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The next time you are thinking of excuses for skipping the gym, you might want to think about the million reasons why Northeast Arc’s Jo Ann Simons was glad she went.

Fifteen years ago Simons met Steven P. Rosenthal, a lifelong resident of Marblehead, while they were on the elliptical machines at the Jewish Community Center of the North Shore in Marblehead. They quickly began chatting, as many do to help pass the time.

Simons learned that Rosenthal serves as a trustee of the Ruderman Family Foundation, which, guided by Jewish values, advocates for and advances the inclusion of people with disabilities. 

In turn, Rosenthal learned that Simons had a very personal interest in the work of the Ruderman Family, as she has a son with Down syndrome and has had a career entirely focused on advancing opportunities for persons with disabilities. Rosenthal has been drawn to helping people with intellectual disabilities and autism, as he knows there is so much work that needs to be done.

Impressed with her knowledge of the disability world, Rosenthal introduced Simons as a consultant to the Ruderman Family Foundation. 

Rosenthal has built a successful career, beginning as a business attorney focusing on corporate real estate and finance. He had long stints at Mintz Levin and as president and CEO of Northland Investment Corporation, before striking out on his own last year by forming West Shore LLC, a fully integrated real estate investment and development firm with a specific focus on multifamily properties across the United States. 

Beyond his many business interests and other significant philanthropic work, Rosenthal had been trying to find a way to do impactful and possibly even activist philanthropy—the kind of investment that goes beyond just writing a check, and is something that could promote meaningful and sustainable change and innovation.

It was around this same time that Simons took over as the CEO of the Northeast Arc. As Rosenthal learned more about the organization—the second-largest Arc in the country—he began to think seriously about how he could do something to really make an impact at the Arc to enhance the work it does to help children and adults with disabilities become full participants in the community.

For years, Rosenthal has been doing great things in a quiet way for many worthy organizations. It is his latest charitable endeavor, however, that is very unconventional and special. “I’ve been looking for several years to do something substantive,” says Rosenthal, who has never publically talked about his philanthropy. “It may sound corny, but I wanted to do something different, innovative, even disruptive—in a positive sense—that would literally change lives.”

“After many conversations with Jo Ann, I was convinced that the Northeast Arc is the organization that can make this type of change a reality by leveraging a donation into something much greater.”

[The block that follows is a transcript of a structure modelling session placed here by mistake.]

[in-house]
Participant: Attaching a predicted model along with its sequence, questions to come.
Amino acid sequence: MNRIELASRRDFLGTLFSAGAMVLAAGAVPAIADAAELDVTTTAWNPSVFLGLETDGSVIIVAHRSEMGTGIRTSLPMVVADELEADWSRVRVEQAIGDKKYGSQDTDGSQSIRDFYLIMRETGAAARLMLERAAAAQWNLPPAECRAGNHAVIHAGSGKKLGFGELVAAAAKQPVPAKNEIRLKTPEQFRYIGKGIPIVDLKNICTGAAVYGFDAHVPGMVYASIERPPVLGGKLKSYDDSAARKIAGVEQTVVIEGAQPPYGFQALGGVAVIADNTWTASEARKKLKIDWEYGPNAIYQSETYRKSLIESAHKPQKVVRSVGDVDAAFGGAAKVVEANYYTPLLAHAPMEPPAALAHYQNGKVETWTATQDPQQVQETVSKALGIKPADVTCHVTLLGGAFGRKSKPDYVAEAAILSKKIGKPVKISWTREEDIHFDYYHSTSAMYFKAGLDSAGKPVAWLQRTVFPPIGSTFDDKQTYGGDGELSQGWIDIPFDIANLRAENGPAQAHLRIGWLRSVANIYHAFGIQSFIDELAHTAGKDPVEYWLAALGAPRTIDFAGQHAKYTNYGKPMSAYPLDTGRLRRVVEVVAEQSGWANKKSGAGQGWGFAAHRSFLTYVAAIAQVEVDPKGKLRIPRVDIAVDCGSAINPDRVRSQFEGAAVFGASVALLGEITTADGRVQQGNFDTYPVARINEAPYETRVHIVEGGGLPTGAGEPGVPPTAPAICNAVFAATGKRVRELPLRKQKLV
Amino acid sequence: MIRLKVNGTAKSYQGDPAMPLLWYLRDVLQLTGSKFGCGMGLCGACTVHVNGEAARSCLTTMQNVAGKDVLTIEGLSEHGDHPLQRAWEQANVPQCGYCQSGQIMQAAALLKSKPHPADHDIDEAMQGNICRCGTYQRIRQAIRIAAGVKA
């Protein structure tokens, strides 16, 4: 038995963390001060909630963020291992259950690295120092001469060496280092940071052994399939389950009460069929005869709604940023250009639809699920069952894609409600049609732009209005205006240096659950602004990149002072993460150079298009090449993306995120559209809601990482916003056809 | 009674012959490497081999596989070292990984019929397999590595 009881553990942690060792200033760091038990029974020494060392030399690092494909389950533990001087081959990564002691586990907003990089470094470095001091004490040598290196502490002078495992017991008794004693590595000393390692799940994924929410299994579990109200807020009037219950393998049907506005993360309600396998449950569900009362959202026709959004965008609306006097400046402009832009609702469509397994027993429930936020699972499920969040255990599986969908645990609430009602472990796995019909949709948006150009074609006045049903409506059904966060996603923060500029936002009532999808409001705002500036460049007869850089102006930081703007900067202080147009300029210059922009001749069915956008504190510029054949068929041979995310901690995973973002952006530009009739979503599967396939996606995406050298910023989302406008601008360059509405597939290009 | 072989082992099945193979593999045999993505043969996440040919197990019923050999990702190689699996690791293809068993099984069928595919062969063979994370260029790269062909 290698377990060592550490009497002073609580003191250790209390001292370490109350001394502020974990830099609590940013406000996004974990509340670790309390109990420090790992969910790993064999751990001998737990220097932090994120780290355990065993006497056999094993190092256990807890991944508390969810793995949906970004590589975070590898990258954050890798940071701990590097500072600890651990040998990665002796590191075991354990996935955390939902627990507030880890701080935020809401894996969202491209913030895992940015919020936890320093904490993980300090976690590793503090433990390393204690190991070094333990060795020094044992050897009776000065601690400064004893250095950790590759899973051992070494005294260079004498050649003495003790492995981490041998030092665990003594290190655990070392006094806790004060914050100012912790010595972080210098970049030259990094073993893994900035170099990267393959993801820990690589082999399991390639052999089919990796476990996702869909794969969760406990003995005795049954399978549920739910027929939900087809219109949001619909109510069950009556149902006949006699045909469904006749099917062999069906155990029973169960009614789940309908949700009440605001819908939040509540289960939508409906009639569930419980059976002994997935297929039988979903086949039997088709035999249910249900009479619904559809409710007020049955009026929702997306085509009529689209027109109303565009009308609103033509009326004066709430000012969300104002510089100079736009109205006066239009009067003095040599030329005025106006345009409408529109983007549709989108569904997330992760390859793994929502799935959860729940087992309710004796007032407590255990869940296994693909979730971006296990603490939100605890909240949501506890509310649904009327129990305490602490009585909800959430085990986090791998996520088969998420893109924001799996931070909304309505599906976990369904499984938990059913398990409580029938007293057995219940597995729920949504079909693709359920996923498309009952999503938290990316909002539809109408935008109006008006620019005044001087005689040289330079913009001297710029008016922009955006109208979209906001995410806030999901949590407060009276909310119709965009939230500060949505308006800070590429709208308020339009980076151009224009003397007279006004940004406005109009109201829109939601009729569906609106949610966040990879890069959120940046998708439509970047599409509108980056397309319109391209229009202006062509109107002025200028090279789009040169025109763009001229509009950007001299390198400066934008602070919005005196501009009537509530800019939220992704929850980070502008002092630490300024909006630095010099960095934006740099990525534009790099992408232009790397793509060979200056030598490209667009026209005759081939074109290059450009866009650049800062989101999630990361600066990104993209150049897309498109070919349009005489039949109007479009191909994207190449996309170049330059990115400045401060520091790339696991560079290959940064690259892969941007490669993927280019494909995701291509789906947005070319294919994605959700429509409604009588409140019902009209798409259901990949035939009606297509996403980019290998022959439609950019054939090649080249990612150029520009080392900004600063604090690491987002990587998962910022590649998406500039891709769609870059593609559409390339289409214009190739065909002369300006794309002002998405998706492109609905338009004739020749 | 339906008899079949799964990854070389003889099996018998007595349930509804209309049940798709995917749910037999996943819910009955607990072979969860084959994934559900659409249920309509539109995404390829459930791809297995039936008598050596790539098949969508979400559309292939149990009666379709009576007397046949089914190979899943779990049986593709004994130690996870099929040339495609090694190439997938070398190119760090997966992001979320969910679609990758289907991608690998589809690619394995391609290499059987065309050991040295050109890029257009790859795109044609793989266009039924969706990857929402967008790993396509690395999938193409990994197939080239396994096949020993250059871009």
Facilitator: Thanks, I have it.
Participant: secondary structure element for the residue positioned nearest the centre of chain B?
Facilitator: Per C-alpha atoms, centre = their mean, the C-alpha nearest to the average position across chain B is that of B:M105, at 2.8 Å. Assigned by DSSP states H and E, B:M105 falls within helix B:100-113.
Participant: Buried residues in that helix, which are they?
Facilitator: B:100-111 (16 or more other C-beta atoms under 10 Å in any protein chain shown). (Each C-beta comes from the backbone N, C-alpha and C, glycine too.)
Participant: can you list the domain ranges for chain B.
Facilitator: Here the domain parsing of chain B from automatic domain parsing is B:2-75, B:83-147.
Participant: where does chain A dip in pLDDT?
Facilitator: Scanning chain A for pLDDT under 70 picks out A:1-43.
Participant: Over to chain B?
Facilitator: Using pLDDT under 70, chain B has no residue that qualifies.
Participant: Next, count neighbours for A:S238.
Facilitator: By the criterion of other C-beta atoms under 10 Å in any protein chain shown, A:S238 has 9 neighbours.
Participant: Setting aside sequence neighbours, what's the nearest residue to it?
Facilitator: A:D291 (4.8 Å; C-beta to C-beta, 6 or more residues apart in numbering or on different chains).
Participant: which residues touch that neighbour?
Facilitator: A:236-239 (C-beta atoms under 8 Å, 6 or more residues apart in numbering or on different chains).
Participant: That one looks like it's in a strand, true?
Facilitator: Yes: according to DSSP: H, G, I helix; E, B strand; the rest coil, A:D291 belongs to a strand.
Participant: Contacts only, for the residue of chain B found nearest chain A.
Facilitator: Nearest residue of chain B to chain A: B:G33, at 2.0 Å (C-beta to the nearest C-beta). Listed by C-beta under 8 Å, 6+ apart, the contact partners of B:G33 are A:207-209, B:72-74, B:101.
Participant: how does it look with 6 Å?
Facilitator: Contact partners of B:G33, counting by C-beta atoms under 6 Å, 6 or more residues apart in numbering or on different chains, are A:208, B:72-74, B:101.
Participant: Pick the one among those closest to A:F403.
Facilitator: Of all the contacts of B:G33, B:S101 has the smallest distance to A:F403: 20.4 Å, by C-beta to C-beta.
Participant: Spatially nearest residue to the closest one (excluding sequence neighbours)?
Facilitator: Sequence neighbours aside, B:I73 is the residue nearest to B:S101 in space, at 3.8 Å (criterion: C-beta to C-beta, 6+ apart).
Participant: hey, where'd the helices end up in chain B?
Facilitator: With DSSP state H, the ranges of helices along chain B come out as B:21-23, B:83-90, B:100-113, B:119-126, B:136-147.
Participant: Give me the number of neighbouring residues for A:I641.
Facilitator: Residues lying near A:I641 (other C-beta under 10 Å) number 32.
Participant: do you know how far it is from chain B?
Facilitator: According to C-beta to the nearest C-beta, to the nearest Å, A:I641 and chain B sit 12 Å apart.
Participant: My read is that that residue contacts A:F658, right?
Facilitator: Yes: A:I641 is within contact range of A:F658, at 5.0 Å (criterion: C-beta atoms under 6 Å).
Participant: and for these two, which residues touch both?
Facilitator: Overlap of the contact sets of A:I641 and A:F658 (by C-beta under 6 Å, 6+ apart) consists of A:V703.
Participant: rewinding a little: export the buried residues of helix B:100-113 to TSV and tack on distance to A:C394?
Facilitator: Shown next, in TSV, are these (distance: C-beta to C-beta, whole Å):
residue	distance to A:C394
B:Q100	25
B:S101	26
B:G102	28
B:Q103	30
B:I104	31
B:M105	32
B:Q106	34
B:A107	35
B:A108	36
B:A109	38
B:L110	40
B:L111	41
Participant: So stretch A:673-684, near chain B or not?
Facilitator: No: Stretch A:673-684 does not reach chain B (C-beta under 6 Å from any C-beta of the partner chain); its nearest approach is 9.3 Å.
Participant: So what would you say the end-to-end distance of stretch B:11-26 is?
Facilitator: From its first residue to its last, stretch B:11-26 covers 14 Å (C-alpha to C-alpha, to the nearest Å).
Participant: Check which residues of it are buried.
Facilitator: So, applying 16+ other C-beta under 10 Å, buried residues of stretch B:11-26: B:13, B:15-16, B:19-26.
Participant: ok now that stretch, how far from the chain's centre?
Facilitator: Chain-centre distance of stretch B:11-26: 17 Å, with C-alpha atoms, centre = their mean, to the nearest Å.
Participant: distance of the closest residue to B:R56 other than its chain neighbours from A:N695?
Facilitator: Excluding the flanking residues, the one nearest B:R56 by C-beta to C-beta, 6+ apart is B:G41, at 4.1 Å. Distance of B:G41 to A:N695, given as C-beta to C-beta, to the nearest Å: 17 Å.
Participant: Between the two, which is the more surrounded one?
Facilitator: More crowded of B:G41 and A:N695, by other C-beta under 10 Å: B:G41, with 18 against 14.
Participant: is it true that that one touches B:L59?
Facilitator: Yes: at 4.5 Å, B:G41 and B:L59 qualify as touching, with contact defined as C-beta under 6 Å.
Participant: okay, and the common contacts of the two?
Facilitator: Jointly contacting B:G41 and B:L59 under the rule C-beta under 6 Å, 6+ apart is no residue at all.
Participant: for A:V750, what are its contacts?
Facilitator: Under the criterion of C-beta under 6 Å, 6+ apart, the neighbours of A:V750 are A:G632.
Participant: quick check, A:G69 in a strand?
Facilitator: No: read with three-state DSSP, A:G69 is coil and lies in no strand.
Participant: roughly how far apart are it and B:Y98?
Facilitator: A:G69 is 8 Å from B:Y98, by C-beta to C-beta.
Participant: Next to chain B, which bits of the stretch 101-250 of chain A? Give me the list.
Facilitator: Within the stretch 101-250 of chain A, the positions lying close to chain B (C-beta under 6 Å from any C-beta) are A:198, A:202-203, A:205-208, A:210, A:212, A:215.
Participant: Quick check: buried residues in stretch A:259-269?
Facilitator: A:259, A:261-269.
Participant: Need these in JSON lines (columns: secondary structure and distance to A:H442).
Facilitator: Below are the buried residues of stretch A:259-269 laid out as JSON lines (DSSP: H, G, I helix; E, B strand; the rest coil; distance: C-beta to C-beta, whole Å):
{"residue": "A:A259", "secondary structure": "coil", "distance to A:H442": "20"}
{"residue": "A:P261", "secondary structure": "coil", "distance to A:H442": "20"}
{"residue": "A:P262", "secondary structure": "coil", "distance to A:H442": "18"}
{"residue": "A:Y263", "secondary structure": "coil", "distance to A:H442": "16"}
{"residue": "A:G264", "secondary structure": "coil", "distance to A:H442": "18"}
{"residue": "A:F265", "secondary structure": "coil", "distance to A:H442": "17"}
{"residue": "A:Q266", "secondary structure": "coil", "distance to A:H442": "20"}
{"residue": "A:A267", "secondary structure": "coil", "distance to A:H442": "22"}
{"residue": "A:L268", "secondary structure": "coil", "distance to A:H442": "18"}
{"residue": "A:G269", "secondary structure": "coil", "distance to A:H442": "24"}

Earlier this year Rosenthal committed $1 million to the Northeast Arc for the establishment of the Changing Lives Fund, which will provide the vehicle for the Northeast Arc to lead the industry in creative disruption. 

“I want this gift to enable Northeast Arc to facilitate and break new ground in the work that is being done to provide lifelong opportunities for people with disabilities.”

“This is a real game changer for us,” says Simons. “Not only is Steve’s gift significant in the level of his generosity, but it will allow us to expand our reach in supporting individuals and test other new ideas. While I know it makes him uncomfortable to talk about his donation, his doing so is bringing attention to the Changing Lives Fund and will help us realize his desire to make a difference in the lives of people with disabilities.”

Rosenthal and the Northeast Arc are wasting no time in seeking innovative concepts that will help disrupt the system in order to improve the lives of persons with intellectual disabilities and/or autism and their families. 

Based on a concept that Rosenthal had to encourage more people to get involved with the Changing Lives Fund, the Northeast Arc is moving forward with the Arc Tank, an innovative approach that will generate ideas.

Partnering with the John F. Kennedy Library Foundation, Northeast Arc invited those with out-of-the-box ideas to enter “The Arc Tank: Changing Lives through Innovation, a competition” (patterned after the hugely successful TV show Shark Tank) in which Northeast Arc will distribute money from the Changing Lives Fund in a first round of funding. 

The competition will culminate in up to 10 proposals being presented to an expert panel of industry leaders from various sectors on November 15 at the John F. Kennedy Library in Boston. The experts may select multiple ideas, choose to fund ideas over multiple years, or provide larger awards to fewer ideas.

When pressed for why he is making this donation and encouraging others to give to the Changing Lives Fund over the years, Rosenthal mentions this quote from the Talmud: “When you save one life it is as if you saved the entire world.” 


Northeast Arc